HAYNEVILLE, Ala. (AP) — Former Vice President Al Gore and the Rev. William Barber II, co-chair of the national Poor People's Campaign, held a town hall in Alabama to spotlight environmental justice issues.
The two on Thursday toured a Lowndes County neighborhood where residents say the sewage system regularly overflows into their yards and homes. They then held a town hall in Hayneville.
Charlie Mae Holcombe, 70, of Hayneville, said heavy rains are always a sign of trouble.
Holcombe described the problems she faced as Gore and Barber spoke with her in her driveway. She said the toilets in her house will begin to bubble as a sign the sewage system is about to backup, sometimes filling her yard — including the area around a child's swing set — and her house with raw sewage.
"They have had to come and pump it out of my yard with the pump truck," Holcombe said. "It's backing up, even in my bathtub. The sewage has run over all in the house."
Her home in Lowndes County is in an area that has been plagued by sewage problems and concerns about potential illness.
"I have heard about it and seen pictures of it for a long time, but it was shocking to see it in person," Gore said of the conditions he saw.
Alabama's Black Belt region gets its name for the dark rich soil that once gave rise to cotton plantations. But the type of soil makes it difficult for traditional septic tanks, in which wastewater filters through the ground, to function properly, said Alabama State Health Officer Scott Harris in an interview with The Associated Press. The region's intense poverty and inadequate municipal infrastructure contribute to the problem.
"Sewage is typically handled at a local level... These counties haven't always been able to do that," Harris said.
Catherine Coleman Flowers, an activist who has worked on rural environmental issues in the county for years, said wastewater sanitation problems are not limited to Alabama's Black Belt.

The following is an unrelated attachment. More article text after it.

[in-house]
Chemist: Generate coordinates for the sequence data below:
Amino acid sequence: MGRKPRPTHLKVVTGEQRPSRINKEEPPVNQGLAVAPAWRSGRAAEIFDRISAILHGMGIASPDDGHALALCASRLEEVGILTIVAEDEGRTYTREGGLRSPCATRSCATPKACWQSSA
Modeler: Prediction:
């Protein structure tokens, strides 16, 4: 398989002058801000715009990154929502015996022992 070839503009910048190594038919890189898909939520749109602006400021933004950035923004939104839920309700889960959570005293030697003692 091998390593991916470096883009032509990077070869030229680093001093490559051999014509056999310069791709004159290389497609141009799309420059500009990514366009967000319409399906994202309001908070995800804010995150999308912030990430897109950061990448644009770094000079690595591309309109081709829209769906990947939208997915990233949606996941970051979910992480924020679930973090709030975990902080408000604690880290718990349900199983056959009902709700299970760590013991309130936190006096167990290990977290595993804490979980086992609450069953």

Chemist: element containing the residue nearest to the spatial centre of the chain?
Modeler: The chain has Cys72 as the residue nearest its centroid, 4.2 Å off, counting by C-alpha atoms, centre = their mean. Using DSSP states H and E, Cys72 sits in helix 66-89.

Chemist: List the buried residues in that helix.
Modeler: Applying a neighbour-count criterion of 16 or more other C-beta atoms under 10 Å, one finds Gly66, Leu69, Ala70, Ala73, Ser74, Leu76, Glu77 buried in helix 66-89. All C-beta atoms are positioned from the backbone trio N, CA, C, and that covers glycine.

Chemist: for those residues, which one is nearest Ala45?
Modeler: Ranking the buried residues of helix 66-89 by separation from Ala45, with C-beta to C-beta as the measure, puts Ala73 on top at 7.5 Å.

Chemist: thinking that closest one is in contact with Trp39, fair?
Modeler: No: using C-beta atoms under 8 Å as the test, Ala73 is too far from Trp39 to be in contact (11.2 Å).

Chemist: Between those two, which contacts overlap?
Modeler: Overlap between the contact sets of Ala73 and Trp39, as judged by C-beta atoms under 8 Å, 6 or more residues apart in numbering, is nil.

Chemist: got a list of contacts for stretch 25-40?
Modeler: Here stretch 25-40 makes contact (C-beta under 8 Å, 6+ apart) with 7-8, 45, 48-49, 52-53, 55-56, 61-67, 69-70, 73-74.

"It's all over the country," Flowers said, adding that climate change, with heavy rains and rising water tables, will make it worse.
Holcombe said she's not sure what it means, but when a red light flashes at a sewage treatment lagoon across the street, it is a reliable sign that her yard will flood.
In addition to overwhelmed septic and sewage systems, some homes in the rural county are on "straight pipe" systems where sewage runs untreated from home to yard.
Harris said a May survey of almost 200 Lowndes County households found that two to three percent of the households were on straight pipe systems.
Holcombe's home sits not far from the state highway where voting rights marchers walked from Selma to Montgomery in 1965.
Barber noted the proximity to the key sites of the civil rights movement and said the environmental issues are about the continued fight for justice.
The town hall, held at a community center in Hayneville, focused on a number of environmental issues.
Birmingham resident Jimmy Smith described living near a Superfund site in Birmingham. Others described concerns about landfills, straight pipe sewage systems and coal ash disposal in the Black Belt.
At the town hall, Gore criticized what he described as the continued resistance from power companies and politicians to switching to renewable forms of energy such as solar energy.
"It's really a disgrace that this far Southern state with abundant sunshine is deprived of the advantages of the solar revolution being enjoyed all over the world," Gore said.